The War Prayer
by Mark Twain
Adapted by Orfeo, from “The War-Prayer,” in Europe and Elsewhere
Questions for Discussion: A Guide for Teachers and Moderators
Like all great literature, The War Prayer is complete unto itself. The only purpose for the following questions is to serve as focal points for discussion. This is by no means an exhaustive list; you are welcome to use this as a model for selecting and creating your own questions that are appropriate for the audience you represent.
The questions are divided into three sections: Before, During, and After. Before primarily covers background information that may enhance an understanding of the significance of the work. During focuses on aspects to look for that might otherwise be missed. After raises questions that might reasonably evolve after experiencing the story.
Please be forgiving if some questions seem trite and obvious. My personal experience is that all of us, myself included, can easily confound and amaze others with the large educational gaps we all possess. Please forgive such questions, if for no other reason, for the sheer joy some of us have in discovering new information, and the joy we experience in sharing our knowledge with others.
The presentation of the story takes about 15 minutes. The suggested format for a typical classroom “hour” is to take ten to fifteen minutes to discuss the “Before;” fifteen minutes for the story, and the remainder of the class time to discuss the “After.”
1. Who was Mark Twain? Was that his real name?
2. When did he live?
3. What else did he write?
4. Were any of his writings made into movies? Musicals? Plays?
5. When did he write The War Prayer? When was it published and why?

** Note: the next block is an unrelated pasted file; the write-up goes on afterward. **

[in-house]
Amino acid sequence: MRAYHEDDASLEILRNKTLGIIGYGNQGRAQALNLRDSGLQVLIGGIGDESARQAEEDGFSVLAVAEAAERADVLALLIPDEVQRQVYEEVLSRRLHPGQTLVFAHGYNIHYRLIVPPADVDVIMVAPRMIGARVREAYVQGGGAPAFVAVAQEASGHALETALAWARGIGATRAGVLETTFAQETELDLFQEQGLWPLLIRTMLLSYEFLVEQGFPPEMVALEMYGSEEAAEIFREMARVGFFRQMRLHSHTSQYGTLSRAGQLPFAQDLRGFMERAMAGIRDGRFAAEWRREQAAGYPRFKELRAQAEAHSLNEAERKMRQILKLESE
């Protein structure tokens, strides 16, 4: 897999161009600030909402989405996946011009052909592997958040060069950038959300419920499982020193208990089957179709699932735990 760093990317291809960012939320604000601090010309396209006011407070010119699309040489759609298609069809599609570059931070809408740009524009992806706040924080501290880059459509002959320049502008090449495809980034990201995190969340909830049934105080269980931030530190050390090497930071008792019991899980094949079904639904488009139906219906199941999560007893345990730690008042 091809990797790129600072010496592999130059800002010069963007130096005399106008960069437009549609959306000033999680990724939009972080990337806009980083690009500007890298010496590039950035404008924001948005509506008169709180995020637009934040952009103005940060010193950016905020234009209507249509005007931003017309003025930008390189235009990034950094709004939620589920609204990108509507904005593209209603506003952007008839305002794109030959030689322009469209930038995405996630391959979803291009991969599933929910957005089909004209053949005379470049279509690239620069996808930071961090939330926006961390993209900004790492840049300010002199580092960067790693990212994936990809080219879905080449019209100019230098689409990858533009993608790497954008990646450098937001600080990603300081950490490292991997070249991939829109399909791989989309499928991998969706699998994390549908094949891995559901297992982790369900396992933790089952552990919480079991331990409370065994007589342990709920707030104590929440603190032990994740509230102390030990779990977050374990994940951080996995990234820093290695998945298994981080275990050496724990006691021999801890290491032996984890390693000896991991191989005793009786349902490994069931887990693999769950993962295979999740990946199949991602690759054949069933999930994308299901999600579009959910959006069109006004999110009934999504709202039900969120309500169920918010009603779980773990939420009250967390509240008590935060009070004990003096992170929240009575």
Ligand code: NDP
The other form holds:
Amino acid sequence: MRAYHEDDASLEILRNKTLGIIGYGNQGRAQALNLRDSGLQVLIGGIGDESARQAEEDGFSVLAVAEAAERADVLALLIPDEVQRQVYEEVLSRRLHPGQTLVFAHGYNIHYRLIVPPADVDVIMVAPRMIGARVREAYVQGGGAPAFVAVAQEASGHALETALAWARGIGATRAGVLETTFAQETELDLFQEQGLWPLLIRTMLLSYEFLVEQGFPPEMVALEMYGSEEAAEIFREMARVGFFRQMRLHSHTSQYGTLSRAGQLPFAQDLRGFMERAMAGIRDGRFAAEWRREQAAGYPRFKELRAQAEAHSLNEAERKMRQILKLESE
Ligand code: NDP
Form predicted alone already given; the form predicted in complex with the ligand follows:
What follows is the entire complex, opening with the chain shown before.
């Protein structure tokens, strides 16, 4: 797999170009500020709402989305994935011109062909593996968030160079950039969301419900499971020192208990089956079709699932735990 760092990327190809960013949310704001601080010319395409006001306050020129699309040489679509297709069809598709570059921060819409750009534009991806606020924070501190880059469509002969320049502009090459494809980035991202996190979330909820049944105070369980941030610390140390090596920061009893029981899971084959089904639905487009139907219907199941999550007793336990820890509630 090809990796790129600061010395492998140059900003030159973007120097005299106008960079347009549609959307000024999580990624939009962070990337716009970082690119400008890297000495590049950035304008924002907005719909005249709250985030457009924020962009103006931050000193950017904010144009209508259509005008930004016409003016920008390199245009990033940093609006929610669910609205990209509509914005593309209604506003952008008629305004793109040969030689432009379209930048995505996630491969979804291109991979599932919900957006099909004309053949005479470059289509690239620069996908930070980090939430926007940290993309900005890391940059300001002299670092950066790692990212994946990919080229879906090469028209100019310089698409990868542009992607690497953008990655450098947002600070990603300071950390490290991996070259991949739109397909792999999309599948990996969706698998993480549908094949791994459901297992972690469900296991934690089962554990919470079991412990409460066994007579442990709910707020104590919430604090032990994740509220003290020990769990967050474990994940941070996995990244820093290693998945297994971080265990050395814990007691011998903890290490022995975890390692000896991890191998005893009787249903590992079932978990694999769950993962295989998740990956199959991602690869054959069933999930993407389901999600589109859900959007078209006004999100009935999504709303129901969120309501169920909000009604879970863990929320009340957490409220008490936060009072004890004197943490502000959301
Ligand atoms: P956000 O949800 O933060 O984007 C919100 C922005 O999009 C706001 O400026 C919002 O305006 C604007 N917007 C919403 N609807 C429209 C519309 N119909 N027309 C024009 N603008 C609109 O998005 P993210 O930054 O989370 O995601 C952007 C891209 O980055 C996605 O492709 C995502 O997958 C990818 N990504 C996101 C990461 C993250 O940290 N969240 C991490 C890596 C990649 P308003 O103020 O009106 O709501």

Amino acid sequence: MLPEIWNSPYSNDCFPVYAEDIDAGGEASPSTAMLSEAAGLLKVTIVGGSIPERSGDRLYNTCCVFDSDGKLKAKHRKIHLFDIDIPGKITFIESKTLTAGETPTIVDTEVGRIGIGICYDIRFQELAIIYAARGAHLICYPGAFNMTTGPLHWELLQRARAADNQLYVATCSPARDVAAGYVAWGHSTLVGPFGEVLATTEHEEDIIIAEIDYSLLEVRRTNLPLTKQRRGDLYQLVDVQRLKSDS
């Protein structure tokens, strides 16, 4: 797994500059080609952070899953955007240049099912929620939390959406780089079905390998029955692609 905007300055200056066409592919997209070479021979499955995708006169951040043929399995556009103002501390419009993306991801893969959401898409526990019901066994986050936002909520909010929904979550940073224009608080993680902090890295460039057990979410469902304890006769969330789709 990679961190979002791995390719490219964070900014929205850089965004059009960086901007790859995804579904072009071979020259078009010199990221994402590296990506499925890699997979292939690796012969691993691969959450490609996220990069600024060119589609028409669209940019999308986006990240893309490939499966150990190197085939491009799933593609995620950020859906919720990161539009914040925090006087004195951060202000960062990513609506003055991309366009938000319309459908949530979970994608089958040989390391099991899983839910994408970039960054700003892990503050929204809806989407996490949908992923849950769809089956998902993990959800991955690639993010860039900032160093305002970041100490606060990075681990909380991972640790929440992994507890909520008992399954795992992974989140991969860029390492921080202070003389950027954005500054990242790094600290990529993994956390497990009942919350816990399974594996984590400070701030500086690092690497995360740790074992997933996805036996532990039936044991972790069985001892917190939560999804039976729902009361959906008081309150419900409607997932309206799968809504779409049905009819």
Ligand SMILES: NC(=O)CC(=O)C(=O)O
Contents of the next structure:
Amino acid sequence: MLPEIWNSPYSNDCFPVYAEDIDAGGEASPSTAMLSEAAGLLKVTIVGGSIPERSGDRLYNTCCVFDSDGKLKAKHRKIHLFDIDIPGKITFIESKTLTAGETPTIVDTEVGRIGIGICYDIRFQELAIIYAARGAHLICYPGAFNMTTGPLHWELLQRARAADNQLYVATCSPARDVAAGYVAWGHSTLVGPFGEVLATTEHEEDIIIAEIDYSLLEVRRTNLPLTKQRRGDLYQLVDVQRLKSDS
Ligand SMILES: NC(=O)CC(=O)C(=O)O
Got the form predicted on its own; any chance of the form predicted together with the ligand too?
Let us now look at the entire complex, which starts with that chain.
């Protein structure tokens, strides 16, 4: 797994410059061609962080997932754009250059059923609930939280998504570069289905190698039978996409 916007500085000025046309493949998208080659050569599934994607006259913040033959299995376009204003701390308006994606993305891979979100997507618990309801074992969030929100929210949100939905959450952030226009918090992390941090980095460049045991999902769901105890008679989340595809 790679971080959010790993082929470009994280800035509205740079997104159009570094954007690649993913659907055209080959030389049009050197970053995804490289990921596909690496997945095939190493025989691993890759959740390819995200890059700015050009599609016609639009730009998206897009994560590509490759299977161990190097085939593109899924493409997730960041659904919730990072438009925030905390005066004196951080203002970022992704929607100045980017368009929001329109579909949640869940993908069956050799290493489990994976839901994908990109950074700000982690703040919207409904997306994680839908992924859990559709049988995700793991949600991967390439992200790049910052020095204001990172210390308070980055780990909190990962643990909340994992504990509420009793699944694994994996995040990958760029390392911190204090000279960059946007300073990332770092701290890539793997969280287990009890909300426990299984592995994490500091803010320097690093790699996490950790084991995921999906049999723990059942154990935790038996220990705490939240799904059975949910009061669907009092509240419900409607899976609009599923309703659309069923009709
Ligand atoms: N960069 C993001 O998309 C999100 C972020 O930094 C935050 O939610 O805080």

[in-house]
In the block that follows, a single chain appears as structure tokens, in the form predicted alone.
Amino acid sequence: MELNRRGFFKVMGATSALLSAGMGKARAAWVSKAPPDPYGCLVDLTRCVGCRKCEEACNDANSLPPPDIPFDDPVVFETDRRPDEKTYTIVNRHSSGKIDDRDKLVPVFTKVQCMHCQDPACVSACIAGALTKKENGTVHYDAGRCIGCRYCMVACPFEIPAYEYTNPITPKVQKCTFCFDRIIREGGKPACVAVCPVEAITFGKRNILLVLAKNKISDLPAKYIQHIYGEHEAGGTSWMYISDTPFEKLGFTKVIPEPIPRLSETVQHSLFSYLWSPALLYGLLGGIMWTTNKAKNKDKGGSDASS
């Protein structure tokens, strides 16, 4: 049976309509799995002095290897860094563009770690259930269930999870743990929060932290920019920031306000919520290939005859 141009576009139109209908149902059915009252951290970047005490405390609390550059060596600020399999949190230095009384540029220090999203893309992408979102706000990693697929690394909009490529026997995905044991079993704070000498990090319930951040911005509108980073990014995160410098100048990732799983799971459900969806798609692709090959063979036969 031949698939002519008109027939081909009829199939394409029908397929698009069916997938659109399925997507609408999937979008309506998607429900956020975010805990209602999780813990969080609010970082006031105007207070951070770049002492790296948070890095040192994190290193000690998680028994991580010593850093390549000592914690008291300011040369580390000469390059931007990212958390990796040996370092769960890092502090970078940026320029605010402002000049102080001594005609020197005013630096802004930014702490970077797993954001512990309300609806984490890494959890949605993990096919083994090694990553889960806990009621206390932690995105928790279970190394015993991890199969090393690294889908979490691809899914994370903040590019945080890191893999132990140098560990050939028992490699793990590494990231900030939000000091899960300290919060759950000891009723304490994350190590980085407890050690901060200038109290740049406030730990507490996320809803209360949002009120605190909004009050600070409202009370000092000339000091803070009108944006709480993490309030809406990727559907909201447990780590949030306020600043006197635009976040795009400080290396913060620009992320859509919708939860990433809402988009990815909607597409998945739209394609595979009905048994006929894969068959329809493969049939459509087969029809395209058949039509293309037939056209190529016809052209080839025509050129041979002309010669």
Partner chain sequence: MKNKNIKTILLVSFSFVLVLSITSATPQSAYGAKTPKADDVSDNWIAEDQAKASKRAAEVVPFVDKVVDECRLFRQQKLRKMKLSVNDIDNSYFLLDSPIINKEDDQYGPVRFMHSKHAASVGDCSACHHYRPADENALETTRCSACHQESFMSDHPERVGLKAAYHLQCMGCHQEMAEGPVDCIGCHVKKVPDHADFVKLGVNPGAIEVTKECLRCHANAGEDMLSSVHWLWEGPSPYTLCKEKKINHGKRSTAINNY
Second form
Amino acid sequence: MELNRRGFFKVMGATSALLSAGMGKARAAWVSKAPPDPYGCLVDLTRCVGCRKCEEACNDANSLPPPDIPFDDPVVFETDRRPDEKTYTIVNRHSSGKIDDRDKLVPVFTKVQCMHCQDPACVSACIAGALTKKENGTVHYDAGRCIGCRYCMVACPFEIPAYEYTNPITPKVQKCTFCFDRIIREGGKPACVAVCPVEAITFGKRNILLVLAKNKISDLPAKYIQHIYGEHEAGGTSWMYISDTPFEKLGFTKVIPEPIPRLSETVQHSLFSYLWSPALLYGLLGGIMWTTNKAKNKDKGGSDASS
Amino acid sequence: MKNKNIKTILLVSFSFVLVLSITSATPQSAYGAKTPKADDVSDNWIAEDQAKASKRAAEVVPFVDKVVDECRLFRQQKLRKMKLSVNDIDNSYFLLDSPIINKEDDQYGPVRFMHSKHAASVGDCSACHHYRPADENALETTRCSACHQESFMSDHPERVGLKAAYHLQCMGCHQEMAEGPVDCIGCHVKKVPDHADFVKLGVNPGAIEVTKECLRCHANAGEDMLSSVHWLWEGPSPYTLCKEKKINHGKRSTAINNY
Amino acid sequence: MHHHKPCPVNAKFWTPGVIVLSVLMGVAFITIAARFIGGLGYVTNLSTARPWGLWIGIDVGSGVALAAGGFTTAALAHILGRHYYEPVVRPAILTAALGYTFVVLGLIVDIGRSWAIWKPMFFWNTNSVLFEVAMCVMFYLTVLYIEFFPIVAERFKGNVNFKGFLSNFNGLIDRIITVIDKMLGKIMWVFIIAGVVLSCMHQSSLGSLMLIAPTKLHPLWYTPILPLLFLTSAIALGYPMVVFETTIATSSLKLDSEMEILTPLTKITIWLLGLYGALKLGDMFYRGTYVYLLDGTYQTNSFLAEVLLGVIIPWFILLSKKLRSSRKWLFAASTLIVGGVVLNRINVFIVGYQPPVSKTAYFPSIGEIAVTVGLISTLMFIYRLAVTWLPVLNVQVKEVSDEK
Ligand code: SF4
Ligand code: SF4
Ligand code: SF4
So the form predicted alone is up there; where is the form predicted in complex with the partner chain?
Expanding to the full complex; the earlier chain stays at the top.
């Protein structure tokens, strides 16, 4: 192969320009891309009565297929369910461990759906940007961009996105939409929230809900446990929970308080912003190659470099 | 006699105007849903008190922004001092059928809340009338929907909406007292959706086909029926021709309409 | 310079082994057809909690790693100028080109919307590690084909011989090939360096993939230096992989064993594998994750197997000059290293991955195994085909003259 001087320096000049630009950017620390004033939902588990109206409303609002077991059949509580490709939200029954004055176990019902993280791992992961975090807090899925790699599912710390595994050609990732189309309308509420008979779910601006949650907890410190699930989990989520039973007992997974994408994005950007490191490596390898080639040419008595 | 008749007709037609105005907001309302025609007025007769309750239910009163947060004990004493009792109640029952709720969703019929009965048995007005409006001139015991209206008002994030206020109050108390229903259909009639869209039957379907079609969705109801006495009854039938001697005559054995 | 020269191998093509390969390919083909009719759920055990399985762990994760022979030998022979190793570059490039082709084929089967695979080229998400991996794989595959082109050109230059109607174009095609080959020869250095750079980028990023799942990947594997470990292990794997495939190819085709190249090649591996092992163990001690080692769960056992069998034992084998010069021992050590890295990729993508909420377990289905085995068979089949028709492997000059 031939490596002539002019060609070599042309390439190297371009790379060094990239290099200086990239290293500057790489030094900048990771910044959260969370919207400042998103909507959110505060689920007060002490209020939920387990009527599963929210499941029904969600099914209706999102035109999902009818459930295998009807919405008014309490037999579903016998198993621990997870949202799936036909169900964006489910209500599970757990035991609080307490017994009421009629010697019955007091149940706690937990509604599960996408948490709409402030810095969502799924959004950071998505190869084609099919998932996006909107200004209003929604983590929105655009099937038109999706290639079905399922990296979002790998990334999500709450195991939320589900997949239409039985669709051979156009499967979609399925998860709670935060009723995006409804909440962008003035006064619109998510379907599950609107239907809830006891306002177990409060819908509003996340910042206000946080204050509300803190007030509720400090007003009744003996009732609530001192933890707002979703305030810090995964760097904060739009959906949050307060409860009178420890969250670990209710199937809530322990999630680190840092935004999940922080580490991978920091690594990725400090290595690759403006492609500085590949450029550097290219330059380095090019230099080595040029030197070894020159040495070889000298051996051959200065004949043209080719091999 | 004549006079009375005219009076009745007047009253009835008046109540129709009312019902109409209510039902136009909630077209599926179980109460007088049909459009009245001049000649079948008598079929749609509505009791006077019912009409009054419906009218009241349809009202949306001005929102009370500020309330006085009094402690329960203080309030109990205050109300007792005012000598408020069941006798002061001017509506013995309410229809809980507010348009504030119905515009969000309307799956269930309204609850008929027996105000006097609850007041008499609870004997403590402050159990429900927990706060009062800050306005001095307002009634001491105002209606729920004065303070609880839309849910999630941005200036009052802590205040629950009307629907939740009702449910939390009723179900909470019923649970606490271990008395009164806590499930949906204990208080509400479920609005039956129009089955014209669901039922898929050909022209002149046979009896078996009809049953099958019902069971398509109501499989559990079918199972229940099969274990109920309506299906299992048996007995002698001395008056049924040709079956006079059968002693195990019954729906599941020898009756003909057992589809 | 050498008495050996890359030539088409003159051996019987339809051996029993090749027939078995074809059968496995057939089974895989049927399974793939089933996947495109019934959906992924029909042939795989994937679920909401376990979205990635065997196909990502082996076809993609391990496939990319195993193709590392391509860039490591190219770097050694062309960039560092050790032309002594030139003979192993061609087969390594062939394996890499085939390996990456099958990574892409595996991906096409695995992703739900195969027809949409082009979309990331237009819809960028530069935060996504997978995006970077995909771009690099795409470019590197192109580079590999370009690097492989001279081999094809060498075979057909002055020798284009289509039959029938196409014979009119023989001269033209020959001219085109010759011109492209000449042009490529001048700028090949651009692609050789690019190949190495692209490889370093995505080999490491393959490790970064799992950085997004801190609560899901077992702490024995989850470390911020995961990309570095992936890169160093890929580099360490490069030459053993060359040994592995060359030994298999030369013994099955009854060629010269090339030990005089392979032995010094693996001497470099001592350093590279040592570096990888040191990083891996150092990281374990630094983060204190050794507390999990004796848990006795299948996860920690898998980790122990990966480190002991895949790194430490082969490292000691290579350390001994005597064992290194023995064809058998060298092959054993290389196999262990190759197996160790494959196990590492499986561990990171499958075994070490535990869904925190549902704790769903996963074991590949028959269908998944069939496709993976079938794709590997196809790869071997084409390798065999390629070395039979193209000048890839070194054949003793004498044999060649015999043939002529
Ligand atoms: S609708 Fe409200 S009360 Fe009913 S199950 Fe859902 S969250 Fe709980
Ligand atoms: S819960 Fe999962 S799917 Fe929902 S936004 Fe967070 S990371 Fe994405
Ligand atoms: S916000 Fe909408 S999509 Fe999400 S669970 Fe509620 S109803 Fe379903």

6. Why did he write The War Prayer?
7. What famous quote grew out of his experience in publishing The War Prayer?
8. What was the longest declared war the United States ever fought? The shortest?
9. What was the longest undeclared war the United States ever fought? The shortest?
10. What differences in attitude toward war and peace exist among different countries, cultures, and religious groups?
11. Vocabulary: “patriot oratory”; “cyclones of applause”; “invoke”; “beseech”; “fervid”; “rash spirits”; “battalions”; “martial”; “invocation”; “clarion”; “pleading”; “supplication”; “benignant”; “invincible”; “imperishable”; “cataract”; “ghastliness”; “ascend”; “fervent”; “uncanny”; “smote”; “import”; “supplication”; “ponder”; “invoke”; “compact”; “pregnant”; “unfriended”; “travail”; “beset”; “contrite”; “lunatic”.
1. What is the mood of the story at the beginning? Does the mood of the story change in the middle? During the end?
2. What is the pace (how fast it seems to move along) of the story at the beginning? Does the pace of the story change in the middle? During the end?
3. Is there anything in the story that tells where it takes place?
4. Is there anything in the story that tells when it takes place?
5. Who is the person telling the story?
6. How does the story make you feel during the beginning, the middle, and the end?
1. What is the “war prayer?”
2. Was the Stranger a lunatic? Why?
3. What is War?
4. What is Peace?
5. Are there any alternatives to war?
6. Does The War Prayer have significance today?
7. Do you think Mark Twain should have been concerned about this story being published during his lifetime?
8. What difference if any would there be between a “war prayer” and a “peace prayer?”
9. If you were to write a war or peace prayer, what would you include? What would you exclude?
10. Do you have a different way of looking at war after seeing this presentation?
11. Do you have a different way of looking at violence in the news, in movies, and on television after seeing this presentation?
12. What would you/did you do when confronted with participating in a declared or undeclared military conflict?
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